We sat on a beach on the other side of the world
Heads full of liquid paper and colorful thoughts of nothing but now
Pockets full of flasks of Fijian rum and bouncy balls that didn’t bounce
The blue sky showed its heels
A ceiling of mustard leaked out from behind the sun
Rain fell down, our imaginations soared
We sat on dusty towels as waves crashed inside of us
Four legs and
four arms and two soaked soggy little children on a beach.
Two faces headed out to sea
You left your faded purple poncho on a blackberry bus in row seven, seat C
Between a narrow aisle glazed with mud and hay
And a man who went by Walter.
I left my twisted fading unclear mind on a blackberry bus in row seven, seat A
Between a foggy finger-printed slice of glass
And a man who went by Walter
Sent back to the states with nothing but three months of bleary eyed memories and regret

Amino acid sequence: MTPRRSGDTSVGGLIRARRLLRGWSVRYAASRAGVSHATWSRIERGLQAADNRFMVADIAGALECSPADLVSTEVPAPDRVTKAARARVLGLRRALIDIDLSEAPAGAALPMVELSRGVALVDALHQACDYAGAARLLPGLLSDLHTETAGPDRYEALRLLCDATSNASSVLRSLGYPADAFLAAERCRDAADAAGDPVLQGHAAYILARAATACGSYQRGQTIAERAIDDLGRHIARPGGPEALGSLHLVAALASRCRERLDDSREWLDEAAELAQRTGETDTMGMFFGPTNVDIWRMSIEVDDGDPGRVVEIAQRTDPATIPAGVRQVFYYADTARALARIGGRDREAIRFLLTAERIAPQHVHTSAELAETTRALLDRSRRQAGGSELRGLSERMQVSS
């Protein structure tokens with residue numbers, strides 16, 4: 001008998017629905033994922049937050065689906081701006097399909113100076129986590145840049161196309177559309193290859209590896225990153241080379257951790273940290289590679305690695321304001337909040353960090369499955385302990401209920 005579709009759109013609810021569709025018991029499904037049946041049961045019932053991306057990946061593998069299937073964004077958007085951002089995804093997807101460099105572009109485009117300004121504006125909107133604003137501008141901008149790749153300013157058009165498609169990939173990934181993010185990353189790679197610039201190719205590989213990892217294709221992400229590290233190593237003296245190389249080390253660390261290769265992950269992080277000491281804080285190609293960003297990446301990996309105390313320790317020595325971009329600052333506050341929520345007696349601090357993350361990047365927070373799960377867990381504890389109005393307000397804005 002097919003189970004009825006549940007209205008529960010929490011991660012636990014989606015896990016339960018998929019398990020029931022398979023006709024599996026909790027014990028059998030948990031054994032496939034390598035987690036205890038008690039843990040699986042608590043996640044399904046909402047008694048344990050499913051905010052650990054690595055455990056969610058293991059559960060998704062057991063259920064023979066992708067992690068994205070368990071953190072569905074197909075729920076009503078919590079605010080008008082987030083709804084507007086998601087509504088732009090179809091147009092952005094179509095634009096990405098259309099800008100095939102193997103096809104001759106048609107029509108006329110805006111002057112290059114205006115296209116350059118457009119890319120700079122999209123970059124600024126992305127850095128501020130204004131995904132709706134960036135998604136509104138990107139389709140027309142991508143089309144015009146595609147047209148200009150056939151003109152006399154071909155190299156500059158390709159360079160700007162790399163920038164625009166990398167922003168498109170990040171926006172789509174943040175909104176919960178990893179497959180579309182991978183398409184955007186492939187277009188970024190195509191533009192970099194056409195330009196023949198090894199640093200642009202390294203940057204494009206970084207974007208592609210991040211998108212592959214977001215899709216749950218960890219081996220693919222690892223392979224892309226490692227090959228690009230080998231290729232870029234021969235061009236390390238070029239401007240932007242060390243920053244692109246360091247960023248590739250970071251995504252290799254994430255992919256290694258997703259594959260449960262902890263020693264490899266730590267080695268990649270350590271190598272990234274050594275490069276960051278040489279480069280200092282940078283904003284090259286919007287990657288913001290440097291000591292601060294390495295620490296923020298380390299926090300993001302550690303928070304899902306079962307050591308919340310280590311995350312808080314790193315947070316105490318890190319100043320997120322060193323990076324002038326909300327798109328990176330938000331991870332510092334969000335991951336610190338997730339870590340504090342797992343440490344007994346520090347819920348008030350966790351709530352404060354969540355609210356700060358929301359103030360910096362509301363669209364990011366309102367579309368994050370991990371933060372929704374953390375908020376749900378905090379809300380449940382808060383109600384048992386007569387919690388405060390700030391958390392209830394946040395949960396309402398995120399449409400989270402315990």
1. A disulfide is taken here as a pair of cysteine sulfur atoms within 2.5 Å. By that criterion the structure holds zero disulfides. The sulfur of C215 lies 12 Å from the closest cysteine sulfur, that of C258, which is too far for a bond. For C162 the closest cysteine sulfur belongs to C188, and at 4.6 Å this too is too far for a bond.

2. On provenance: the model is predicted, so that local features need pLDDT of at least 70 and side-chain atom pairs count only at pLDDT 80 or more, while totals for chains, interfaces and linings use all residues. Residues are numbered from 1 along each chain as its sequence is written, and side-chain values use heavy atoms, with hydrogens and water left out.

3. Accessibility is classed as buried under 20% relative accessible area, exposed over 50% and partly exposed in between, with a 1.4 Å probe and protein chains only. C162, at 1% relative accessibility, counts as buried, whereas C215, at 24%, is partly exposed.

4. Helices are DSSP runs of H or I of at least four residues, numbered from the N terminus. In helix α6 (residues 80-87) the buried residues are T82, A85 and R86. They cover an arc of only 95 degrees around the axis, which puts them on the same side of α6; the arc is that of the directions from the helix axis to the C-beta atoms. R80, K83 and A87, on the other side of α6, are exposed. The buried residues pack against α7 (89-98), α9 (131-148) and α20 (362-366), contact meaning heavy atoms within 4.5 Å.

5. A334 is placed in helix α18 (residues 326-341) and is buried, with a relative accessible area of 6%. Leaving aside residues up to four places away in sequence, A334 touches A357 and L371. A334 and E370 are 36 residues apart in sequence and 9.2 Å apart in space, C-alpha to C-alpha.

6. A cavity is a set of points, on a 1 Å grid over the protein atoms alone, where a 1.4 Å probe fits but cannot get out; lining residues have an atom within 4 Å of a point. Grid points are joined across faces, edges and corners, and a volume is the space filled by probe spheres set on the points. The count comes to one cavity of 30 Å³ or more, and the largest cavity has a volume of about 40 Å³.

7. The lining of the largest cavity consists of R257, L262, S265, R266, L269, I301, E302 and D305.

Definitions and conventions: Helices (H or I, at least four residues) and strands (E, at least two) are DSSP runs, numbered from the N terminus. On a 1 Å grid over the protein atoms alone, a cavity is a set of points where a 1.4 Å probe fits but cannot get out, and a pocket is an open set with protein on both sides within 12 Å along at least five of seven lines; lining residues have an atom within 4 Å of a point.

There’s nothing worse than being broke and broken when you’re
seven thousand miles away from home with no money, a lost soul and no one to talk to.
A twenty hour layover and
a ninety day hang over and
greasy silver stationary armrests that make it impossible to sleep and
an animated, cheerful, obnoxiously optimistic voice that won’t shut up until it finds
a man who went by Walter
“Richmond, Mr. Walter Richmond. Richmond, Mr. Walter Richmond.”
I needed sleep, I needed peace, I need a phone, I needed food, I needed you
I needed something or someone to slow my thoughts and ease my mood
I needed a retractable armrest.
I needed someone to talk to
I needed someone kind
I needed that voice to find the man who went by Walter
To see if he’d found my mind